Tunnelling and underground construction is an extended arm of road, highways project development. The country has a plan to construct 6000 km of tunnels, wherein Pir Panjal, Chenani-Nashri & Kazigund – Banihal Road tunnel and Rohtang tunnels have been completed. The 6.50 km Z-Morh tunnel will provide all-weather access to Sonamarg, which earlier remained unconnected four winter months of the year. The country’s longest 14.15 km Zojila tunnel has also been initiated. Strategically, this will provide all-weather connectivity on the Srinagar-Leh section of NH1. Other new tunnels bid out recently – Sudhmahadev and Bhadawara which will boost tourism in uncharted locations and promote alternative connectivity of J&K with Himachal Pradesh.
India is leveraging ingenious inventions to execute the most complex road projects in a timely and eco-friendly manner, with the additional advantage of lower project lifecycle costs. However, tunneling is subjected to geological risks. The risk matrix needs to address unforeseen circumstances. Of late tunnel, contract conditions were primarily adopted from highway contracts that could not address the specific requirements of the tunnel works in high altitude geological strata. After a detailed assessment of the tunnel projects, in terms of delay and cost overrun, ASSOCHAM advised MoRTH to include Geotechnical Baseline Report as part of the contract. The government accepted the advice, ensuring equitable distribution of the risk between the parties. This inclusion also allowed the risk of unprecedented geological conditions to be taken care of upfront within the contract. Zojila tunnel, which had previously four failed tenders, was bid out following this model and awarded successfully at INR 6,000 crores instead of the initial proposal of INR 11,000 crores. The union minister for Road, Transport and Highways acknowledged the Chamber’s contribution and recognised the nation’s saving worth INR 5000 crores.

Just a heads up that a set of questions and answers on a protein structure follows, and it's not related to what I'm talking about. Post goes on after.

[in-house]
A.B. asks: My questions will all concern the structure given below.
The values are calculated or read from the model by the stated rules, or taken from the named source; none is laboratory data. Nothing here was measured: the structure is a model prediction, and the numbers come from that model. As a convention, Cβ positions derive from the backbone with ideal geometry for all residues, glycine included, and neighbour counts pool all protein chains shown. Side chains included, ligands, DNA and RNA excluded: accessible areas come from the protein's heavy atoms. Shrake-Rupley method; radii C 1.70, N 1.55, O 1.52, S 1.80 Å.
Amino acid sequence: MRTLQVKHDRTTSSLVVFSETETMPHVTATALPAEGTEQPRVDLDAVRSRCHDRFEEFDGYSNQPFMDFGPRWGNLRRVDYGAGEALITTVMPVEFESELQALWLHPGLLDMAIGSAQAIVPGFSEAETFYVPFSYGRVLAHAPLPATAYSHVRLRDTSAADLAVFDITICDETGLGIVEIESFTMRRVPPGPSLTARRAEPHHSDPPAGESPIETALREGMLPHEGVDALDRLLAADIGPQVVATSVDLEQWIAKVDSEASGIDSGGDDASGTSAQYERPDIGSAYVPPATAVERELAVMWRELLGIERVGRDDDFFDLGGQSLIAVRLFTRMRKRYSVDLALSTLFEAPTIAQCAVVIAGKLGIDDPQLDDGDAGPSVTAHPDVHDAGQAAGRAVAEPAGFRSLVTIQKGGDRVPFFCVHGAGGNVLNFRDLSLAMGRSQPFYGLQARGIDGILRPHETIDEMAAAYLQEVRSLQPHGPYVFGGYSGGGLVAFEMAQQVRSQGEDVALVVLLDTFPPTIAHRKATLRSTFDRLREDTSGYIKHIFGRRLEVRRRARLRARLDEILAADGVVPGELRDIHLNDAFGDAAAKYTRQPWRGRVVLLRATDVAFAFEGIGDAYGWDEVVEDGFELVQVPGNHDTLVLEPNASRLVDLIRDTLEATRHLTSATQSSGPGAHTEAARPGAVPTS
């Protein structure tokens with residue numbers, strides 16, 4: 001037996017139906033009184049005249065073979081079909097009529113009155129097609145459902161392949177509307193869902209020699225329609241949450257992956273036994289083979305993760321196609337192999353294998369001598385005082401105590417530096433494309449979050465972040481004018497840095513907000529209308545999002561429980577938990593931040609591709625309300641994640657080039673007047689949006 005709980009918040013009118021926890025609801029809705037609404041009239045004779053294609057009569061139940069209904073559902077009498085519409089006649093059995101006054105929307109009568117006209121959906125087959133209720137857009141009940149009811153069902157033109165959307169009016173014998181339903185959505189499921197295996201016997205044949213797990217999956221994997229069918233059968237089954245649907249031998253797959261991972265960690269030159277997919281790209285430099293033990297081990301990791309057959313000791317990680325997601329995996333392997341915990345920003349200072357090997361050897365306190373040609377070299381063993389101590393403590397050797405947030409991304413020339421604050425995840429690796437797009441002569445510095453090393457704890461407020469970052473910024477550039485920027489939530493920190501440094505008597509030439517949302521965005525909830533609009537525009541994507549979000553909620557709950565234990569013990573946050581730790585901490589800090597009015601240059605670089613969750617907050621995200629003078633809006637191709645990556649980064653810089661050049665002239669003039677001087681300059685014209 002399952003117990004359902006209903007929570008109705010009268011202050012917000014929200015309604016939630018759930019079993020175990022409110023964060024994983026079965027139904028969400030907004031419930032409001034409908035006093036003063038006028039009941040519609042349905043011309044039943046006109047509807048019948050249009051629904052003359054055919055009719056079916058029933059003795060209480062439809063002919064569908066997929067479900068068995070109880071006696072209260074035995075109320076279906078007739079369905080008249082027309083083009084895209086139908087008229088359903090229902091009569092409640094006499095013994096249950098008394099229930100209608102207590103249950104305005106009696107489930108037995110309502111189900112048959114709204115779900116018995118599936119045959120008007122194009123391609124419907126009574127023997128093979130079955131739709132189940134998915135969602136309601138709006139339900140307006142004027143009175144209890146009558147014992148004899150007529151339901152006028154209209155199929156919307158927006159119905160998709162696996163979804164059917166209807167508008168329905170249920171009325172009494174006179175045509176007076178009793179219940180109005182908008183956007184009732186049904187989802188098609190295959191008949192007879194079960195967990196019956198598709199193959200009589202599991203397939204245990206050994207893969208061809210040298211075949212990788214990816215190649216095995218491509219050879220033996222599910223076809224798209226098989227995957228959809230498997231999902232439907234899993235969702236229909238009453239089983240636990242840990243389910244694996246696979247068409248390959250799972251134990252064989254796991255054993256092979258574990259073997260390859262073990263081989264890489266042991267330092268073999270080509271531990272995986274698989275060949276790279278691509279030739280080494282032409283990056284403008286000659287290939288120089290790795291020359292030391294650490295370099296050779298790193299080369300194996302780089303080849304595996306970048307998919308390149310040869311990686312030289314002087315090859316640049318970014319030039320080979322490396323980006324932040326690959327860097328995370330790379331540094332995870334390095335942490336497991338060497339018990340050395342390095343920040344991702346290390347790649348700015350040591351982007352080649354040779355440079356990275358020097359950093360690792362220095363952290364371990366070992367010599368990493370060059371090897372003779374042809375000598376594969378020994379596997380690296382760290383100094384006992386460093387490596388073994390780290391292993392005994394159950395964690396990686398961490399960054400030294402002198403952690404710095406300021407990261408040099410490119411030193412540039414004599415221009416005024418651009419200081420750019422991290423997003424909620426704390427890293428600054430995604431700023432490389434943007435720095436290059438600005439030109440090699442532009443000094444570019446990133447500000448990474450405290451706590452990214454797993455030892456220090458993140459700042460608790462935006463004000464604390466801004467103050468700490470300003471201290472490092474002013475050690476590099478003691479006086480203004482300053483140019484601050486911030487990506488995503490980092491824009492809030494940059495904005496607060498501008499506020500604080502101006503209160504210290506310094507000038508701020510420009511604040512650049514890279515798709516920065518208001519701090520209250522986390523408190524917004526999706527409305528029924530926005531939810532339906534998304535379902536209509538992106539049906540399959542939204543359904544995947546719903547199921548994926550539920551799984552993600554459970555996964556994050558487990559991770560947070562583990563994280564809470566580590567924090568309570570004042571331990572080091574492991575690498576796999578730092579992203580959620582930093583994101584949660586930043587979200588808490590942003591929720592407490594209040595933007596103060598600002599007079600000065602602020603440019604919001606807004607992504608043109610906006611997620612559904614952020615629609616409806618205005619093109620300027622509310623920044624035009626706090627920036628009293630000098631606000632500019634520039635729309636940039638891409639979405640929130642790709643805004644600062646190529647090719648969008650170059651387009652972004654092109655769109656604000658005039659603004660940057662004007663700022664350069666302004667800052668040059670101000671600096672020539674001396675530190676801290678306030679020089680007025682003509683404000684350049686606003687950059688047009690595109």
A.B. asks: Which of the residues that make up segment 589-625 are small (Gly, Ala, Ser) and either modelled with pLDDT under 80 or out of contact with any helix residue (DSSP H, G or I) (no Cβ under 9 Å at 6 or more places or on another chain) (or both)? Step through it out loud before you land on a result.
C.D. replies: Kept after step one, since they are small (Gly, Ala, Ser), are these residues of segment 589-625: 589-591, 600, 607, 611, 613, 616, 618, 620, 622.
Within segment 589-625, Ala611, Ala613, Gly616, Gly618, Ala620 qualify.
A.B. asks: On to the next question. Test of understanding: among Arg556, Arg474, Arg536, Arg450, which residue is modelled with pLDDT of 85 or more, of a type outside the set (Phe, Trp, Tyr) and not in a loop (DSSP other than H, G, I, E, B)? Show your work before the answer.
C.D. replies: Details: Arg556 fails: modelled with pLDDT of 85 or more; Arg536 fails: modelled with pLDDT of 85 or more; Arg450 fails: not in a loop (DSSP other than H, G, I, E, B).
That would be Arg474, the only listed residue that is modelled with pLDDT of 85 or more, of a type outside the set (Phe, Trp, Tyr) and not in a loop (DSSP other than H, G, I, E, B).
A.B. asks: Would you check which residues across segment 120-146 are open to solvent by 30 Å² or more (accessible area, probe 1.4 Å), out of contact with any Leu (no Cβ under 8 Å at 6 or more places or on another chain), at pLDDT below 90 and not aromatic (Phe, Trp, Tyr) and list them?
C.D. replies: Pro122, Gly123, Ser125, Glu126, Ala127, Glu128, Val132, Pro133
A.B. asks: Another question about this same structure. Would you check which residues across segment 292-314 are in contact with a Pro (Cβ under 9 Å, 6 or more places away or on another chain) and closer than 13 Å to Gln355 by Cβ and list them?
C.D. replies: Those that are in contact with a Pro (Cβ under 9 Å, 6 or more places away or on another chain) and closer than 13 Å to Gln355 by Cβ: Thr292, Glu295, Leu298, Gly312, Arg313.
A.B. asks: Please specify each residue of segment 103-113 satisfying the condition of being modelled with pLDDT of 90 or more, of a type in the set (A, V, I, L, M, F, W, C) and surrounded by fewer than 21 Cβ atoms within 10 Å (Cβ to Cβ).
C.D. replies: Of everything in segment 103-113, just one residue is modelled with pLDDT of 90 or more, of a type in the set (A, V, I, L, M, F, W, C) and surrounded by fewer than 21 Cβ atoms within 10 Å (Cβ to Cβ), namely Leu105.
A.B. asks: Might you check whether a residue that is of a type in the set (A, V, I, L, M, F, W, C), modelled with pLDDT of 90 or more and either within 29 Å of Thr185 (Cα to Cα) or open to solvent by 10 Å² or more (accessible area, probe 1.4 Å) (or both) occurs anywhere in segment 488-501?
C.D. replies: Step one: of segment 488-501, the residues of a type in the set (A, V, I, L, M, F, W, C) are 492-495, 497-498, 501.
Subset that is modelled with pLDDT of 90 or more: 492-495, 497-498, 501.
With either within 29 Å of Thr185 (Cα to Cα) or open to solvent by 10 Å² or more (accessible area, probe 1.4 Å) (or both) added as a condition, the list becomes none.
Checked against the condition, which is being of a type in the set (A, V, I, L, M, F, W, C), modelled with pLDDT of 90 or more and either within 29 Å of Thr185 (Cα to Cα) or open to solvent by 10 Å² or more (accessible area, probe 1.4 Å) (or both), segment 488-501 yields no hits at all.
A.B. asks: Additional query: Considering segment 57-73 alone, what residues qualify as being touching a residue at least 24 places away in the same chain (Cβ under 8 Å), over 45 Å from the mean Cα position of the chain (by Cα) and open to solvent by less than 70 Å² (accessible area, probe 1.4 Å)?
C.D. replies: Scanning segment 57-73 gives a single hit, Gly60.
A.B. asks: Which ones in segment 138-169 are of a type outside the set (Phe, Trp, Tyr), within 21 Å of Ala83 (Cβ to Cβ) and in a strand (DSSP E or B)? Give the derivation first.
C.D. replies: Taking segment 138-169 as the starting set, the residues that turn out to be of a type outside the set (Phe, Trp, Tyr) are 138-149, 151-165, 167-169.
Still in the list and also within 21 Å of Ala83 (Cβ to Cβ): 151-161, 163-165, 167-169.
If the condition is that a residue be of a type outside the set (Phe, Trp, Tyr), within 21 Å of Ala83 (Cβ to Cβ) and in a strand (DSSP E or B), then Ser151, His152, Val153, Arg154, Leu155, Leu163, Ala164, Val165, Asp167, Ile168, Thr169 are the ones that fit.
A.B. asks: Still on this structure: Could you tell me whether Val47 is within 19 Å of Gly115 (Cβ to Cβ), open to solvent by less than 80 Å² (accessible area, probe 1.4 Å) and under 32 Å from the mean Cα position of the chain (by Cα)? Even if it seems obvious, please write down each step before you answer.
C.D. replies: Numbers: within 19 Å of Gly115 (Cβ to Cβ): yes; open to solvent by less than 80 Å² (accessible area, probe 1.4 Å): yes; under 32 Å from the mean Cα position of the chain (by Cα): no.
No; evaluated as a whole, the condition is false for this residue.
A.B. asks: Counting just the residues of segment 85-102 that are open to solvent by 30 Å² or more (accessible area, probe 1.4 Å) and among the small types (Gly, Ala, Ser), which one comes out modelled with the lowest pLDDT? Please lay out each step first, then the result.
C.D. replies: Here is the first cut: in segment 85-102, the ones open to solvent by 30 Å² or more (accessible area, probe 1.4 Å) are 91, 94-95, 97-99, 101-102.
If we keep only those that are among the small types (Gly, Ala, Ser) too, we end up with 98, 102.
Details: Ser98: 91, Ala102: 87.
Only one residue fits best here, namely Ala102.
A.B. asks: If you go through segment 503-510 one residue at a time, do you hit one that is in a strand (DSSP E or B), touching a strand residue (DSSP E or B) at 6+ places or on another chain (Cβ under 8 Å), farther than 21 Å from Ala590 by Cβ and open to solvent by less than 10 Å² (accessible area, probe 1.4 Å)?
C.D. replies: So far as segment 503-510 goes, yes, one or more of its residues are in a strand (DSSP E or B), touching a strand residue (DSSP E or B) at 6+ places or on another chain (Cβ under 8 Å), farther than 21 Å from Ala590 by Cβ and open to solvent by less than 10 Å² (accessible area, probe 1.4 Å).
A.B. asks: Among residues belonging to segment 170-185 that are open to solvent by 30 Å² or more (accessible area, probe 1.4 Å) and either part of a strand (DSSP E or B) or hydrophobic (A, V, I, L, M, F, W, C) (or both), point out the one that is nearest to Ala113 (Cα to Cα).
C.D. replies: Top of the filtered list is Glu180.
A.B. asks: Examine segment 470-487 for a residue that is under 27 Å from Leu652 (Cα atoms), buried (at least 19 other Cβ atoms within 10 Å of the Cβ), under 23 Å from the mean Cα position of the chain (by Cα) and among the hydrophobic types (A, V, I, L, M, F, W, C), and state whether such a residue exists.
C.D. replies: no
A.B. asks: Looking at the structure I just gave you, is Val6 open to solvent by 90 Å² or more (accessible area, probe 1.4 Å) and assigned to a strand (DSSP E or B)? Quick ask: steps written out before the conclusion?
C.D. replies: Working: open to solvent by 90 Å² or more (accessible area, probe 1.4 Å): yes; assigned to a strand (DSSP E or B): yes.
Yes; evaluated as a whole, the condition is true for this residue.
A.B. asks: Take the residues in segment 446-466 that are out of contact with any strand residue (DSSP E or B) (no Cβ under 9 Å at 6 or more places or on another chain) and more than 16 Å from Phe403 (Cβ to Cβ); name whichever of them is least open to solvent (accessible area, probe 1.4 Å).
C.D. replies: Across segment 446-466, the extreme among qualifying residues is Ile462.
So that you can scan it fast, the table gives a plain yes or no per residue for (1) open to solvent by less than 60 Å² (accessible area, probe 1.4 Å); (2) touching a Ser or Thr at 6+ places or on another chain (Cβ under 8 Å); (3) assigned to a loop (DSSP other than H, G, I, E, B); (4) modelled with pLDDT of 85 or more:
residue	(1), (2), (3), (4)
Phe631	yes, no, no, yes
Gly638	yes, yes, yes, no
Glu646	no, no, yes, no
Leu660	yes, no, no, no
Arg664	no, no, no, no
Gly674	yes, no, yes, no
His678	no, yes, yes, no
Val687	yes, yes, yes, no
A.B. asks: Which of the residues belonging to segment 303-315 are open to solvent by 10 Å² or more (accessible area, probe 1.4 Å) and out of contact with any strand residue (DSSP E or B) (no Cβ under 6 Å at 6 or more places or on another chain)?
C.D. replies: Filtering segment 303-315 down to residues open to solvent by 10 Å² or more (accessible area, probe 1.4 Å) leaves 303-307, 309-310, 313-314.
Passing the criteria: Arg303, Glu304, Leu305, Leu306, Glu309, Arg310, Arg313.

Improved materials for construction, usage of automation and machine-control technologies is rapidly growing. These include project monitoring information systems, intelligent transport management systems, advanced traffic management systems, real-time vehicle tracking and incident management. Establishing a centralised repository of case studies and a technical cell with a panel of experts will help expedite project development. India needs to pronounce national policy, mandating technology data to be made available on nationwide servers, enabling stakeholders to create their ecosystem.
Road infrastructure is the most important of all public assets, as they encourage economic activity between the large cities and the towns they happen to connect along the way. Such connectivity enables economic activity to spread, allowing under-developed regions to catch up and drive balanced and inclusive growth. Road construction also provides a fillip to other sectors of the economy, including steel, cement, auto, real estate. A robust road network will continue to be an essential pillar in India’s rapid economic recovery in the coming years.
(Deepak Sood is the Secretary-General, ASSOCHAM. Views expressed are the author’s own)